Three short adaptations of Jaroslav Hašek's famous classic The Good Soldier Schweik have won the heart of all Czechs, but he was still looking for an internationally reknown classic story where he could address the entire world through his art. Trnka was a Renaissance man, born with enormous talent in many different areas, but in the wrong time and the wrong place.
The wide screen puppet feature film The Midsummer Night's Dream, an adaptation of Shakespeare's play, voicing Trnka's opinions and estheticism of the puppet film, failed both at home and abroad. It was a universally known story with a carefully prepared screenplay (co-writer J. Brdečka), brilliant puppet animation with little dialogue and sporadic narration. Trnka never allowed lip-synch; he thought it was barbaric for puppets - as works of art - to be treated in this manner. Music was always preferred to the spoken word. He often discussed his projects with the composer V. Trojan, before he began working on the screenplay. When the musical score was composed ahead of the animation and he liked it, he would change the animation arrangement to fit the music.
The reception of The Midsummer Night's Dream was a great disappointment for Trnka; he had worked for years on it. Days and nights were spent shooting, with the crew sleeping in the studio. It cost him his health. Animation historian Edgar Dutka ascribes the fiasco to the picturesque yet intricate story, which was lost on the critics as well as audience. Trnka was strongly criticized at home for creating l'art pour l'art (Art for Art's Sake) and thus lost touch with the working class. He shot the film with two parallel cameras because he did not believe in "compositions seen through a mailbox slot." 
After the Communist takeover of post-war Czechoslovakia on February 25, 1948, which gradually prompted many artists and prominent figures into exile, Trnka found himself for the most part not only unrestrained in his creative genius but also subsidized, for even the Communists enjoyed his work. They thought the puppet stories were for children; therefore, they did not see any harm, and they did not censor or blacklist almost any of them. Only two parts of the film Spring, featuring a Christian procession, and The Legend of St. Prokop were banned on grounds of religious propaganda until the late 1980s. When Trnka finished the national fairytale Bajaja in 1950, he was greatly honored by the regime.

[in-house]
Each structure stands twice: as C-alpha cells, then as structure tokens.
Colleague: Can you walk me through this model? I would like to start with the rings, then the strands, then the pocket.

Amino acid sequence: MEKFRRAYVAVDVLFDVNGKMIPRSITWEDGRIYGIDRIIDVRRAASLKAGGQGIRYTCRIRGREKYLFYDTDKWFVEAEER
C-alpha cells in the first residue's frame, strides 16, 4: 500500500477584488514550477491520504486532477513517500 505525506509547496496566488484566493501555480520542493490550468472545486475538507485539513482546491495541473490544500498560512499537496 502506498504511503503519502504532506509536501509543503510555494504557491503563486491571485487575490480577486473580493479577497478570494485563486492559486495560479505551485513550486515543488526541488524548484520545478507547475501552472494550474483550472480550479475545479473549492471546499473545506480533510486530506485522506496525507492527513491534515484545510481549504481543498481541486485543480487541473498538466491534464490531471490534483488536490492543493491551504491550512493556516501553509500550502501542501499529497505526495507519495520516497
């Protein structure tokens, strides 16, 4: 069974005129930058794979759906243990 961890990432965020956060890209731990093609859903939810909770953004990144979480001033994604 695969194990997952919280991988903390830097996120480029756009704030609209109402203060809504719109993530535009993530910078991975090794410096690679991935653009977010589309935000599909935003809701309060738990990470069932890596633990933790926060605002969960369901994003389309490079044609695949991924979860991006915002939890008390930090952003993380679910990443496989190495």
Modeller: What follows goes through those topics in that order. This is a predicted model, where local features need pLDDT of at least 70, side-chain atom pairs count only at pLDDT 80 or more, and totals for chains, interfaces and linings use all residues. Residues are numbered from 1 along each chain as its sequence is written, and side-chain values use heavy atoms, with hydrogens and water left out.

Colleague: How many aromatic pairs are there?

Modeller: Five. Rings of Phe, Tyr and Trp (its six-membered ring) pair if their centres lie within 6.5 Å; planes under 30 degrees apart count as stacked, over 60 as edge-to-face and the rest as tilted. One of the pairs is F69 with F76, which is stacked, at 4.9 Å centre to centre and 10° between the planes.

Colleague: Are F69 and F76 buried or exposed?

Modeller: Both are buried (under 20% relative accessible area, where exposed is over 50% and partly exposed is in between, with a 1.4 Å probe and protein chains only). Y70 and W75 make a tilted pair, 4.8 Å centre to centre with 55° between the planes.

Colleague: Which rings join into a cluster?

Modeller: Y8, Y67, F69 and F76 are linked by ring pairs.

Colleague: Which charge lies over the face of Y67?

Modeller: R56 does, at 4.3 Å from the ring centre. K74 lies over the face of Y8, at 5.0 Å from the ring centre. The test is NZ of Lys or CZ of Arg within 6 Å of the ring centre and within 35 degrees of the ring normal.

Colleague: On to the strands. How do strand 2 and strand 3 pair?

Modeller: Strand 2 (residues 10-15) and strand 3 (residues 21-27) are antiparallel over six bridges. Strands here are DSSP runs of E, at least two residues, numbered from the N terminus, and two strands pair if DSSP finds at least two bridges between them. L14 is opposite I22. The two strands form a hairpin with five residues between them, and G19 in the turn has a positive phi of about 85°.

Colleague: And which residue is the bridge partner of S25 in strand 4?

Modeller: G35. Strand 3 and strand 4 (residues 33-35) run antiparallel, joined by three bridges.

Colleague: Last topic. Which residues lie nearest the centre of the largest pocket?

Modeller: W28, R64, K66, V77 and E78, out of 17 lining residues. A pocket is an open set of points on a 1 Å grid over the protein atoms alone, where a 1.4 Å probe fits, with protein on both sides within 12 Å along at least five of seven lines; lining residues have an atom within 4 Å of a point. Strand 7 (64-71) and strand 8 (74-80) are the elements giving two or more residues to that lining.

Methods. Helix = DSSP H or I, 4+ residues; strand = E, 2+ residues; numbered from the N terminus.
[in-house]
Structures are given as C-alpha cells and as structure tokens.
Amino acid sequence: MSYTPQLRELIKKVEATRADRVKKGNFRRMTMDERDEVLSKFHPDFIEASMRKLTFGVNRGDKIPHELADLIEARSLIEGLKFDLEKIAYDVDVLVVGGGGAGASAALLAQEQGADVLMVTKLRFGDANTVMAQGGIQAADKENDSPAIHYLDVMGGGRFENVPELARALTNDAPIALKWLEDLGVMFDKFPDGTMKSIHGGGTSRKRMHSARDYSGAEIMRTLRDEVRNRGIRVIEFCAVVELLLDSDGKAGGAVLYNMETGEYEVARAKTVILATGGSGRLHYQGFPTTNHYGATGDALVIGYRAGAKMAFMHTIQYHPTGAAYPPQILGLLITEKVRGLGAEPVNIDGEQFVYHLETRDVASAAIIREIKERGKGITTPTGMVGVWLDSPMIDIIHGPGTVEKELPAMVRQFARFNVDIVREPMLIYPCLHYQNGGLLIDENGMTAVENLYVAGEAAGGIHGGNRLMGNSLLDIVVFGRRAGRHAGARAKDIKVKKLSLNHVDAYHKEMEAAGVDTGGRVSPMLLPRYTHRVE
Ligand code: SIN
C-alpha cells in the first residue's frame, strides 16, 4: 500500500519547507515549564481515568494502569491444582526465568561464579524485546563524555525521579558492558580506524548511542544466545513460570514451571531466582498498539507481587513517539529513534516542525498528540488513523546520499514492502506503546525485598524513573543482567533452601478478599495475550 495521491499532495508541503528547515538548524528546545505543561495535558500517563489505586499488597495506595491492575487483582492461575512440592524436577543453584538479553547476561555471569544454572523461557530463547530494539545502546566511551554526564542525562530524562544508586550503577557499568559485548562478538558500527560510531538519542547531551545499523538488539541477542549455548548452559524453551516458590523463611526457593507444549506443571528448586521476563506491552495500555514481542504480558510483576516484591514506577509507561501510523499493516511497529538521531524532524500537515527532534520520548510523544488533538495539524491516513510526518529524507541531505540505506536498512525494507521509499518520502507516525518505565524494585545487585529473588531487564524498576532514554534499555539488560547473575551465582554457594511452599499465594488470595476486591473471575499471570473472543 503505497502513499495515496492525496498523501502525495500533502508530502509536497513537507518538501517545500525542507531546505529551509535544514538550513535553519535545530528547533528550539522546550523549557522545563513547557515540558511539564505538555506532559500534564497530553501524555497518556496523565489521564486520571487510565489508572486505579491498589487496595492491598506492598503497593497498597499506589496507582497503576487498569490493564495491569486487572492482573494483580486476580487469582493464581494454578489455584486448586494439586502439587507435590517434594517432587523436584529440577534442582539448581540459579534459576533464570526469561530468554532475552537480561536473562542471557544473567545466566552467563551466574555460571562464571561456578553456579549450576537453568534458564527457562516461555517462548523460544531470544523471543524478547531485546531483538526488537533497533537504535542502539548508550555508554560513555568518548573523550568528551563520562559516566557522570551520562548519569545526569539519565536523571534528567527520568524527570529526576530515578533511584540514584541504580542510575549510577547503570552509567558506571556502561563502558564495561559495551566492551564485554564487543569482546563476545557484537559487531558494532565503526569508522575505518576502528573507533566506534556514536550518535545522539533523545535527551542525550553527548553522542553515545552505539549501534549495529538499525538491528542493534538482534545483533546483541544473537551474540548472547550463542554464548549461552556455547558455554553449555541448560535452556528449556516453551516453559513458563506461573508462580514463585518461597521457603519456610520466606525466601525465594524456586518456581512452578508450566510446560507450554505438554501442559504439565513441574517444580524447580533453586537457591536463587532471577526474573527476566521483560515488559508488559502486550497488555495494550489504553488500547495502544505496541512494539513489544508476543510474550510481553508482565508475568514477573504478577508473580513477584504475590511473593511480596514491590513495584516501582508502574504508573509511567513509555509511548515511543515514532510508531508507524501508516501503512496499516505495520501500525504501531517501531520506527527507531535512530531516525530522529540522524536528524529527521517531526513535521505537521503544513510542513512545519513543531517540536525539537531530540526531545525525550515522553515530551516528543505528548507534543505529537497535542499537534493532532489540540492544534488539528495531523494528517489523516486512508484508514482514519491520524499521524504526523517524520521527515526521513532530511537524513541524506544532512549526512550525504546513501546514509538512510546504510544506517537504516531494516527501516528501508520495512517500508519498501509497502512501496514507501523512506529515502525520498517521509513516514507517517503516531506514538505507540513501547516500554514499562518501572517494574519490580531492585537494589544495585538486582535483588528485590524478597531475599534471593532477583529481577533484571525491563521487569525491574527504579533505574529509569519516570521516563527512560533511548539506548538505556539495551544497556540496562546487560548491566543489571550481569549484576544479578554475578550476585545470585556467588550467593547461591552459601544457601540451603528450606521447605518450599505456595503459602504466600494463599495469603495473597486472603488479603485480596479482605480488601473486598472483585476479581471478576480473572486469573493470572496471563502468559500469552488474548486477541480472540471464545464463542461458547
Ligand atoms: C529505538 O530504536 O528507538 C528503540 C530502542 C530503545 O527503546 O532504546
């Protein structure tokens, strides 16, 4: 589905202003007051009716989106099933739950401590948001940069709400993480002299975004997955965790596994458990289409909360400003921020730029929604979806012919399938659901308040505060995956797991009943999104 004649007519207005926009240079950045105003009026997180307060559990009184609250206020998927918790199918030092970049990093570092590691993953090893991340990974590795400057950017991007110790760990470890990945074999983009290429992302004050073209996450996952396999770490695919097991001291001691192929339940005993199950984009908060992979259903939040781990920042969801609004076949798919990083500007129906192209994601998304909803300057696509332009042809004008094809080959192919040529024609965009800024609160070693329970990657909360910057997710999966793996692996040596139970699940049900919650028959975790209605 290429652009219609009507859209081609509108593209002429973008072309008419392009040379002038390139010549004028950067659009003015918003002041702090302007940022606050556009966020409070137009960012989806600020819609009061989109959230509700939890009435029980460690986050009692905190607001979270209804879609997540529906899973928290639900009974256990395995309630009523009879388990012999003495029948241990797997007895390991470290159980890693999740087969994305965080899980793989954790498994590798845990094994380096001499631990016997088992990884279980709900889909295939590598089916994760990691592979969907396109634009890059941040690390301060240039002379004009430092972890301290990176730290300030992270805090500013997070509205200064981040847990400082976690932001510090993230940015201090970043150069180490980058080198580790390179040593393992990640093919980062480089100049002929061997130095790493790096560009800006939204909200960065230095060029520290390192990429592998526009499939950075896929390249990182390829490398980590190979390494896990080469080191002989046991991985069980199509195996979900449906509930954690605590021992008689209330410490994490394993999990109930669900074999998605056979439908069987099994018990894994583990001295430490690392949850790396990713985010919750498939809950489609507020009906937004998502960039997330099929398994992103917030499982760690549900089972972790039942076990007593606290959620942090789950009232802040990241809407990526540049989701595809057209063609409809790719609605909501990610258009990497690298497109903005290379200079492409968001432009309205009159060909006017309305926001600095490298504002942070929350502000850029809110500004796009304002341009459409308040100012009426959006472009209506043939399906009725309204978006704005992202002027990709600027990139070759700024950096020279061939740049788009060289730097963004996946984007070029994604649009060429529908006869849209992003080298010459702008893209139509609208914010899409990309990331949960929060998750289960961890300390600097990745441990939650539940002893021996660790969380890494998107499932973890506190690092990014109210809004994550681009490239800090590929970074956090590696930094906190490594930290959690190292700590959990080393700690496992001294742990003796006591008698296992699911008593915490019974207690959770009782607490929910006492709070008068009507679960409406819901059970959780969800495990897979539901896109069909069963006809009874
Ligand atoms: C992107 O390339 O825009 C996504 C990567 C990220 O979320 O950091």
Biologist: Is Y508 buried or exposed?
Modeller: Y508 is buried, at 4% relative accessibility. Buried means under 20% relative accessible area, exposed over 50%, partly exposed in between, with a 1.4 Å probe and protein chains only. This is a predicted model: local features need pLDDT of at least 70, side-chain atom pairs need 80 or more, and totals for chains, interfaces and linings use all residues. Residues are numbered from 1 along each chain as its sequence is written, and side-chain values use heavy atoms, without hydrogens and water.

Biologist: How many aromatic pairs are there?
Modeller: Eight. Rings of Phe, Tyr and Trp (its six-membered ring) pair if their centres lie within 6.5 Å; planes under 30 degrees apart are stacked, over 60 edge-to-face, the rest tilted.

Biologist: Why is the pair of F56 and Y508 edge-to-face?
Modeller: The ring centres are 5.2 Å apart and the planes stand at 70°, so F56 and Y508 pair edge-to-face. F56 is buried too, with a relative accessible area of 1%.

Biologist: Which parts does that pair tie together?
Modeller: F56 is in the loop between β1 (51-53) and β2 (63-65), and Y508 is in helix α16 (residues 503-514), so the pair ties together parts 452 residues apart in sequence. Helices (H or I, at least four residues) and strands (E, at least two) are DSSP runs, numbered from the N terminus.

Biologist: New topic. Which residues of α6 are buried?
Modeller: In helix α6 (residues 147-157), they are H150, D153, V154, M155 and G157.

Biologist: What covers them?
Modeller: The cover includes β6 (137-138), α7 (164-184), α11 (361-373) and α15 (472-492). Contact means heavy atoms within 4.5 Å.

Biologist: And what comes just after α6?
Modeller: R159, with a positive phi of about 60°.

On the other hand, when he wanted to adapt Don Quijote in 1951, the government barred the project, having found it too cosmopolitan. There always existed two sides to the government's 'generous' hand. Instead of Don Quijote, he was pressed to create historic myths in The Old Czech Legends. Trnka was not initially interested in doing this. He would have rather quit working at the studio and gone back to illustrating children's books, but he gave the theme a second thought and what ensued was a film with strong and brilliant scenes, great character animation, and superb music, more in the way of Leos Janacek than Bedřich Smetana. This project proved Trnka's filmmaker skills; however, he was right: such a topic had a very limited audience. Even Czechs did not appreciate a filmed version of the history which they had to learn at school.
Along with fellow animators, Trnka in 1946 established a small puppet film studio (renamed The Studio of Jiří Trnka), where puppets would "move on the screen". Here "active dreaming" – a blending of imagination and poetry with invention and realism, occurred, resulting in the classic animated puppet films, rarely shot elsewhere in the world. Not only puppet films but also commercials produced here were marked by superb animation techniques, wisdom, and ubiquitous moral values. The Czech puppet film remains the studio's focus. All technologies of animated film, including stop-motion puppet animation, semi-plastic film, flat-surface film, pixilation (animation of objects), and the plasticine method are used. 
All links retrieved May 8, 2018.